Brown also strongly urges salespeople to do their homework. “Be prepared for our questions and have the answers ready, like what is your rate, how many doubles, suites, amenities, extra room requests, upgrades, etc. What can you commit? I didn’t pay any attention to someone who didn’t have the answers.”
Keep in mind professional and college team trips are business trips, not fan gatherings, sales rallies, educational conferences, or reunions. And MLB teams’ needs are much different than of those in the NFL, NHL, NBA, and NCAA. For example, NHL and NFL clubs need meeting rooms and meals, MLB does not. Learn those differences before going into the mouth of the lion, so to speak.
Waters agrees that salespeople pursuing team business must understand something of the sport itself, how it operates, and when it operates: “For example, we’d often get calls from hotel salespeople while we were down in spring training, asking if we were all set for the season that was starting in 2 weeks. Sometimes, they’d even call during the season, too. A bit late, I’d say!”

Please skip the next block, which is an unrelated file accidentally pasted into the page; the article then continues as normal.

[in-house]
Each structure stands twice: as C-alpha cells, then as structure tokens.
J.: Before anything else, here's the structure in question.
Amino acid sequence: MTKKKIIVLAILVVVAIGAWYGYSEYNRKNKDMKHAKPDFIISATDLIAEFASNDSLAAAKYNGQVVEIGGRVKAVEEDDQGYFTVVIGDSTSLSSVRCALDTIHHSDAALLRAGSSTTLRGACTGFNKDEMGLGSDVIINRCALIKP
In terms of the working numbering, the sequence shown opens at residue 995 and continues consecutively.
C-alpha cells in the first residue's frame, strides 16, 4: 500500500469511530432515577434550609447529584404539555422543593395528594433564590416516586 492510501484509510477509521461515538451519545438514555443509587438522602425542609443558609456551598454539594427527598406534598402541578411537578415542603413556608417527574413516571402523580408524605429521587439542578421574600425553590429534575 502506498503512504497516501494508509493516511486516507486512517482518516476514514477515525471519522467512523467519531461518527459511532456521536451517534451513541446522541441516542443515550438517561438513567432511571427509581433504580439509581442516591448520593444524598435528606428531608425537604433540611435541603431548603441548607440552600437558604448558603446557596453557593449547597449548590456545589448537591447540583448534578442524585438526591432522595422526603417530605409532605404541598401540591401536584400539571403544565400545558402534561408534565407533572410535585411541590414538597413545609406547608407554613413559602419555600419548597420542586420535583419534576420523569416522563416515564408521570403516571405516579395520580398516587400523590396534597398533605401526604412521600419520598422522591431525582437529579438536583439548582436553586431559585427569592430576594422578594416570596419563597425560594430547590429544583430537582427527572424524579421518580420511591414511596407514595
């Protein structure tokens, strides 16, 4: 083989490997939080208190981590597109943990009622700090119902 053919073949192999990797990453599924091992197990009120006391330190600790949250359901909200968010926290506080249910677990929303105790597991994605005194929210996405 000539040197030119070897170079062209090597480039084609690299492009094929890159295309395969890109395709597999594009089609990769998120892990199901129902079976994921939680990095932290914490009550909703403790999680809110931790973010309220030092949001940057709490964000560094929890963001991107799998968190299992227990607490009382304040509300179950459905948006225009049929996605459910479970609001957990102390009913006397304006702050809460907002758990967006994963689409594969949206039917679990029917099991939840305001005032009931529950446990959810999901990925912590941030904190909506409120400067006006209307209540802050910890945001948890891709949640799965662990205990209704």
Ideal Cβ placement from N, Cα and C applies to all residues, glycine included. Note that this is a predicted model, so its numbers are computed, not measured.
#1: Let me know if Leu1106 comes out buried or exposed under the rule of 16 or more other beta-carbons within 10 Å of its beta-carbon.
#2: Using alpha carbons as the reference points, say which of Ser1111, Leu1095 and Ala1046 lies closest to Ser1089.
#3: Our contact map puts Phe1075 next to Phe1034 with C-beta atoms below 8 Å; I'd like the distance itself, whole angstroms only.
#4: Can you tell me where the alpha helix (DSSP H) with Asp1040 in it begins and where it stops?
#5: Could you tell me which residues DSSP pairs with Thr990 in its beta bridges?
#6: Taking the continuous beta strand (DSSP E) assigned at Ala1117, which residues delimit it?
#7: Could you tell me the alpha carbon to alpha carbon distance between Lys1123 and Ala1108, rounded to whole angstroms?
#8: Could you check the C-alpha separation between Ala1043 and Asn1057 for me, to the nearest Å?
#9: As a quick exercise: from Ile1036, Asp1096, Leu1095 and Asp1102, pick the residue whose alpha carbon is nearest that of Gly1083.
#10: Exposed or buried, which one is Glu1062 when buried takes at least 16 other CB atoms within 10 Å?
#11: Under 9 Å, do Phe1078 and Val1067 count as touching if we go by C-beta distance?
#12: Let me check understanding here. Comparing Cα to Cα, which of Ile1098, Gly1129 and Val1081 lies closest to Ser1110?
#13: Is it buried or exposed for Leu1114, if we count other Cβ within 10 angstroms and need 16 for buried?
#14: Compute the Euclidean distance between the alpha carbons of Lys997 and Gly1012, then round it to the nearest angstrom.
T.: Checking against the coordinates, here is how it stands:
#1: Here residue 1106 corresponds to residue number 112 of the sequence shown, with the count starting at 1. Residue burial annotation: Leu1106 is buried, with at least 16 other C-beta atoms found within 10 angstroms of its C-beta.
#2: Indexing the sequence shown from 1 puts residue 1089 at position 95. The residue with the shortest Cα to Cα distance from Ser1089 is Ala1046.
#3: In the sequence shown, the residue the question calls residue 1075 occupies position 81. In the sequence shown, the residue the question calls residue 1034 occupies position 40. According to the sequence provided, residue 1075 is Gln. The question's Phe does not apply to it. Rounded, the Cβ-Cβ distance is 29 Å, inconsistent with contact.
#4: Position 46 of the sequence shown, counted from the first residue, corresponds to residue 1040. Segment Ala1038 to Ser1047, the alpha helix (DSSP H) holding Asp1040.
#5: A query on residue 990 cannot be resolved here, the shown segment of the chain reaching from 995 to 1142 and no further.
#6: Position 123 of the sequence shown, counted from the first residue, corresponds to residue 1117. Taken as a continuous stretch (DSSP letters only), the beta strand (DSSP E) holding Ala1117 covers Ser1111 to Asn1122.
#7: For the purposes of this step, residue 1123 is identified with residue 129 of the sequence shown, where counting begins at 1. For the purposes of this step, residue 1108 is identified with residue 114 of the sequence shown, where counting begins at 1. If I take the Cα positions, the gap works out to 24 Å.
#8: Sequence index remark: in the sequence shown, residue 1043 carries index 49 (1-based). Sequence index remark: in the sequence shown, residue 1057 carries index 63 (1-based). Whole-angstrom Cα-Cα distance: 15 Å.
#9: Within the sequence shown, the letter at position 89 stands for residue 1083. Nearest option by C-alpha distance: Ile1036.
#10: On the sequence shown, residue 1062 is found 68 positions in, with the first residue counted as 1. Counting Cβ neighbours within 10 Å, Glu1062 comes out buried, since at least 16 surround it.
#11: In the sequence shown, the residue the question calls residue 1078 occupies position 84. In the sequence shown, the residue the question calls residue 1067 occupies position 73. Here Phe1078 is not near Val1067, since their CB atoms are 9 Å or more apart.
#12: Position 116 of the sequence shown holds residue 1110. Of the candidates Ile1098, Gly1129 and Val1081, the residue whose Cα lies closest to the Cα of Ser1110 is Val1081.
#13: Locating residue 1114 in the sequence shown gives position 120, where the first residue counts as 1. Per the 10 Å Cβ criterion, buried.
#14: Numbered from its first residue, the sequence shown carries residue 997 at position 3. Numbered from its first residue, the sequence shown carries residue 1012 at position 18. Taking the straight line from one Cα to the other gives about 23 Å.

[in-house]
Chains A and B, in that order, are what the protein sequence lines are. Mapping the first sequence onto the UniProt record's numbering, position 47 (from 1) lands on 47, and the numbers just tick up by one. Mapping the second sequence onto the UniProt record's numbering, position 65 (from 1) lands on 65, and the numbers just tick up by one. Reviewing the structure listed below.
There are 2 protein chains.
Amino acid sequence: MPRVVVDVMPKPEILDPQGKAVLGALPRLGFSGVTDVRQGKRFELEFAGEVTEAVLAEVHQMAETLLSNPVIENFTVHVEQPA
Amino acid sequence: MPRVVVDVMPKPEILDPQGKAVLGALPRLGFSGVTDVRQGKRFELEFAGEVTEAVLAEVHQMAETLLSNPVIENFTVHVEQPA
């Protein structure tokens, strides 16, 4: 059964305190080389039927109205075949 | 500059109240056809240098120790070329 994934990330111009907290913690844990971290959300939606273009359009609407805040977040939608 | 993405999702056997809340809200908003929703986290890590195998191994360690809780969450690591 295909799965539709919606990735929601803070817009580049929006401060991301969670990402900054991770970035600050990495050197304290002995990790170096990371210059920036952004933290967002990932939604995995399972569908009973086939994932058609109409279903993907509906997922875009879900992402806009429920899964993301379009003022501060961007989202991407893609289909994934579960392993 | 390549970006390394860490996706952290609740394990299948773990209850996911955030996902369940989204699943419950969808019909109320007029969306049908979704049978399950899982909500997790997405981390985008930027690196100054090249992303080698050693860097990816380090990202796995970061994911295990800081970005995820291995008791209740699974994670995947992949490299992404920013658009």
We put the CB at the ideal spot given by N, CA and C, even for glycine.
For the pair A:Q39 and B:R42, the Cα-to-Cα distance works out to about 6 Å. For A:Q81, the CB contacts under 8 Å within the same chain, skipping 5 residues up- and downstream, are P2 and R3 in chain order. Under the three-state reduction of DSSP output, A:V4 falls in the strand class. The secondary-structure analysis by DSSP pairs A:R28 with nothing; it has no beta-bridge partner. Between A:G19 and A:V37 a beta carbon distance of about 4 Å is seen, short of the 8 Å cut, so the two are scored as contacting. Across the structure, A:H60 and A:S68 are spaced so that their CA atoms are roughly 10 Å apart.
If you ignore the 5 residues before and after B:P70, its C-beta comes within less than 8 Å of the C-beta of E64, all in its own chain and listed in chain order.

Venturing outside the typical sales box – stay with it
Brown appreciated the salespeople who set his mind at ease. “The ideal sales rep is one who acted as our team concierge, able to handle any request no matter how unusual."
“I like one-stop shopping,” adds Waters, “Often a salesperson books you, and then you get shuffled off to a conference services person who doesn’t get that our sports business is different. It’s very frustrating.”
On the other side of the coin, what causes a hotel to lose a team’s business? “We’d look at leaving a hotel if I heard complaints from 4-8 people on the team or coaching staff,” says Waters. “Also, we like multi-year deals, to hedge a bit on inflation. I understand having different rates for different times of the year, but I don’t want to be tossed out by the hotel in October if we make the postseason because they have other higher-rated business they booked. If you can’t commit to us for the whole package, we’ll look elsewhere.”